The string of contracts with Chinese customers could ease the global glut of unsold potash that has sparked a prolonged slump for mining companies. Chinese demand remains weak and prices are far off their 2008 highs of $950.
The prices agreed upon by ICL are “still about 40 percent less than they were last year,” Alper said. “Obviously they will still have issues in terms of profitability, but the volumes are decent and that should stabilize share prices.”
ICL did not immediately respond to telephone and e-mail requests for comment.
ICL shares rose 2 percent, the most in 12 days on a closing basis, to 16.05 shekels at 4:01 p.m. in Tel Aviv.
Saskatchewan Pipeline Incident Updates
A toll-free line has been set up for claims, and a team is standing by to assist with questions and to help people through the process. The number is 1-844-461-7991. People can also email: firstname.lastname@example.org.
Anyone encountering an impacted animal or bird should call Husky’s 24-hour emergency line at: 1-877-262-2111.
For regular updates, follow us on Twitter: @HuskyEnergyInc
As we move forward with our response, we have taken action to help the people, businesses and communities that have been affected by the incident.
A toll-free line has been set up for claims, and a team is standing by to assist with questions and to help people through the process.
The number is 1-844-461-7991. People can also email: email@example.com.
We continue to work closely and coordinate efforts with all levels of government, First Nations and with downstream communities and our neighbours.
We can provide the following progress update:
- Our clean-up efforts are continuing on the 20 kilometres of river immediately downstream of the release.
- Booms have also been installed in the area. This is part of a larger strategy of containment and recovery that will take place in the days and weeks ahead.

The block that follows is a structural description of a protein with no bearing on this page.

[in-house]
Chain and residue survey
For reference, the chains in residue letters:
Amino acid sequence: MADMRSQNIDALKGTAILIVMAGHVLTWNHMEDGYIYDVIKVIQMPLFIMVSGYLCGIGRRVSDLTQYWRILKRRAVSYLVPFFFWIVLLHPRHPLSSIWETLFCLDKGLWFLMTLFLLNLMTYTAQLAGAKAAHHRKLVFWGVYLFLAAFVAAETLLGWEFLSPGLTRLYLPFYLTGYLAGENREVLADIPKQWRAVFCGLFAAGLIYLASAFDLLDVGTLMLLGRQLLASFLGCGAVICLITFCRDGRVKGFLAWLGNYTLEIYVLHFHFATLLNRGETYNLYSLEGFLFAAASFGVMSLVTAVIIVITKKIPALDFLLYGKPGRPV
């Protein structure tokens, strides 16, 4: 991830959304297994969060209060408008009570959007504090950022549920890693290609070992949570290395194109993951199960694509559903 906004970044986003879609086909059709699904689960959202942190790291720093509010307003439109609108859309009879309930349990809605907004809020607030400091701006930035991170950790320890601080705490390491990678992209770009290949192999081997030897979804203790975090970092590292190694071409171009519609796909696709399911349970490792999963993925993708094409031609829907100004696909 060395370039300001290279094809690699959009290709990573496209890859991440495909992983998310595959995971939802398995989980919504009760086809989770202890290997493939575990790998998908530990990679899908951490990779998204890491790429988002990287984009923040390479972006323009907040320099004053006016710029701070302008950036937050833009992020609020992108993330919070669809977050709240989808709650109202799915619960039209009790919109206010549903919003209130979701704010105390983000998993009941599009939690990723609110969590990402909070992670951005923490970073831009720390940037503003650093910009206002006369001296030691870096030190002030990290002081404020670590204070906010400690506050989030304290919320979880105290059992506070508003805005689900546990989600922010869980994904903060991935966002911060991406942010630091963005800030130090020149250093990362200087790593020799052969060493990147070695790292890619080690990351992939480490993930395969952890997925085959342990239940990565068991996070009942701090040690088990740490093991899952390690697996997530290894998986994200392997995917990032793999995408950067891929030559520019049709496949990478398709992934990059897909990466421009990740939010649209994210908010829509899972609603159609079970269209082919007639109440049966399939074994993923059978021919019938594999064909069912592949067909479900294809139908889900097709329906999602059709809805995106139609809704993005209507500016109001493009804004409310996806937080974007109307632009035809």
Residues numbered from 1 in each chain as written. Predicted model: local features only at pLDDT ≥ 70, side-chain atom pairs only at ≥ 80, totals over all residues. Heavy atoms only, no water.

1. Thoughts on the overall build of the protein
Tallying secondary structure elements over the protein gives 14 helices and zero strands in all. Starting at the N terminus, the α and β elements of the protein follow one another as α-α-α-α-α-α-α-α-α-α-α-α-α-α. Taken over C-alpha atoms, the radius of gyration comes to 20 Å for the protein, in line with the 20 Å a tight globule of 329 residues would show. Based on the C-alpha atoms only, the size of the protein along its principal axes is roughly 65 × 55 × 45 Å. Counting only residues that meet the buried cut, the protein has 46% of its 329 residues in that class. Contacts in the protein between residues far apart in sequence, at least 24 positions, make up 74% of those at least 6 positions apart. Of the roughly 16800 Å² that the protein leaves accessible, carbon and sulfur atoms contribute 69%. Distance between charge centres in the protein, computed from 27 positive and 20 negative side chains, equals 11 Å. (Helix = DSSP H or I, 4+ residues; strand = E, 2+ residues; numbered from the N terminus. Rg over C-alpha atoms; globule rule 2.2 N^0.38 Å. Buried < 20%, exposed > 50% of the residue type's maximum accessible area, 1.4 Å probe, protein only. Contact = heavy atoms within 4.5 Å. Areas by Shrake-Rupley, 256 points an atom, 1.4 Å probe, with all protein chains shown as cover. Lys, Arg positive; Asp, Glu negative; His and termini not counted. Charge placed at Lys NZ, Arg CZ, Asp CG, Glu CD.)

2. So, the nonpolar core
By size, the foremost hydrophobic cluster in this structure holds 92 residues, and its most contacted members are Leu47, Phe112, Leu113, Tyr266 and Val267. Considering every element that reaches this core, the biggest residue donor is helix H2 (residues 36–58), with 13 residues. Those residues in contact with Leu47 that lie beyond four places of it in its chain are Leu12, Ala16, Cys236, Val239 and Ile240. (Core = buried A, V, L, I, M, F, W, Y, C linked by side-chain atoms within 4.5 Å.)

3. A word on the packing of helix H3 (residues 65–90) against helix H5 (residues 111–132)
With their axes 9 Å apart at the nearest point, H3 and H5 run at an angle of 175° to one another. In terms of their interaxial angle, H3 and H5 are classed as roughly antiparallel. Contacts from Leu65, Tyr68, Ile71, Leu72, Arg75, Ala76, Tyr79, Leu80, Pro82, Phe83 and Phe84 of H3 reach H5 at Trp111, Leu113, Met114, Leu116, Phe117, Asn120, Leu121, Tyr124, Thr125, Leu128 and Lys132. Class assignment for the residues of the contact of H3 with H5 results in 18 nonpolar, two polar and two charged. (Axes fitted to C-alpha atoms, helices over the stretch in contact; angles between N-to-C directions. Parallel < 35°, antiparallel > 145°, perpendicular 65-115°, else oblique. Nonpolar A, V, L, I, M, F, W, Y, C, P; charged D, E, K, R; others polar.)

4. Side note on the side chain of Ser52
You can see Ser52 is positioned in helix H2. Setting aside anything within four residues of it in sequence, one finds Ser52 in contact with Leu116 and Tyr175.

- Deterrent devices, including flagging, are being used to keep wildlife away from the shoreline.
- Surveillance by air, land and on water continues, as does water monitoring and sampling.
At some point in the near future, people will need to choose how the oil will move – tankers, pipelines, rail cars, or a combination or . . . . .
Environmental groups concerned pipeline project will increase tanker traffic
FREDERICTON — The Canadian Press
Published Tuesday, Jul. 26, 2016 10:21AM EDT
Last updated Tuesday, Jul. 26, 2016 10:22AM EDT
A new report says the proposed Energy East pipeline would drive a huge increase in crude tanker traffic, jeopardizing the environment and marine life between New Brunswick and the U.S. Gulf Coast.
The report, prepared by the U.S.-based Natural Resources Defence Council in partnership with groups such as Greenpeace and the Conservation Council of New Brunswick, says the pipeline would result in a 300 to 500 per cent increase in tankers delivering western crude to refineries in the southern United States.
The proposed $15.7-billion pipeline would move 1.1 million barrels of oil a day from Alberta and Saskatchewan through Quebec and into New Brunswick to supply Eastern Canada refineries and for overseas shipping.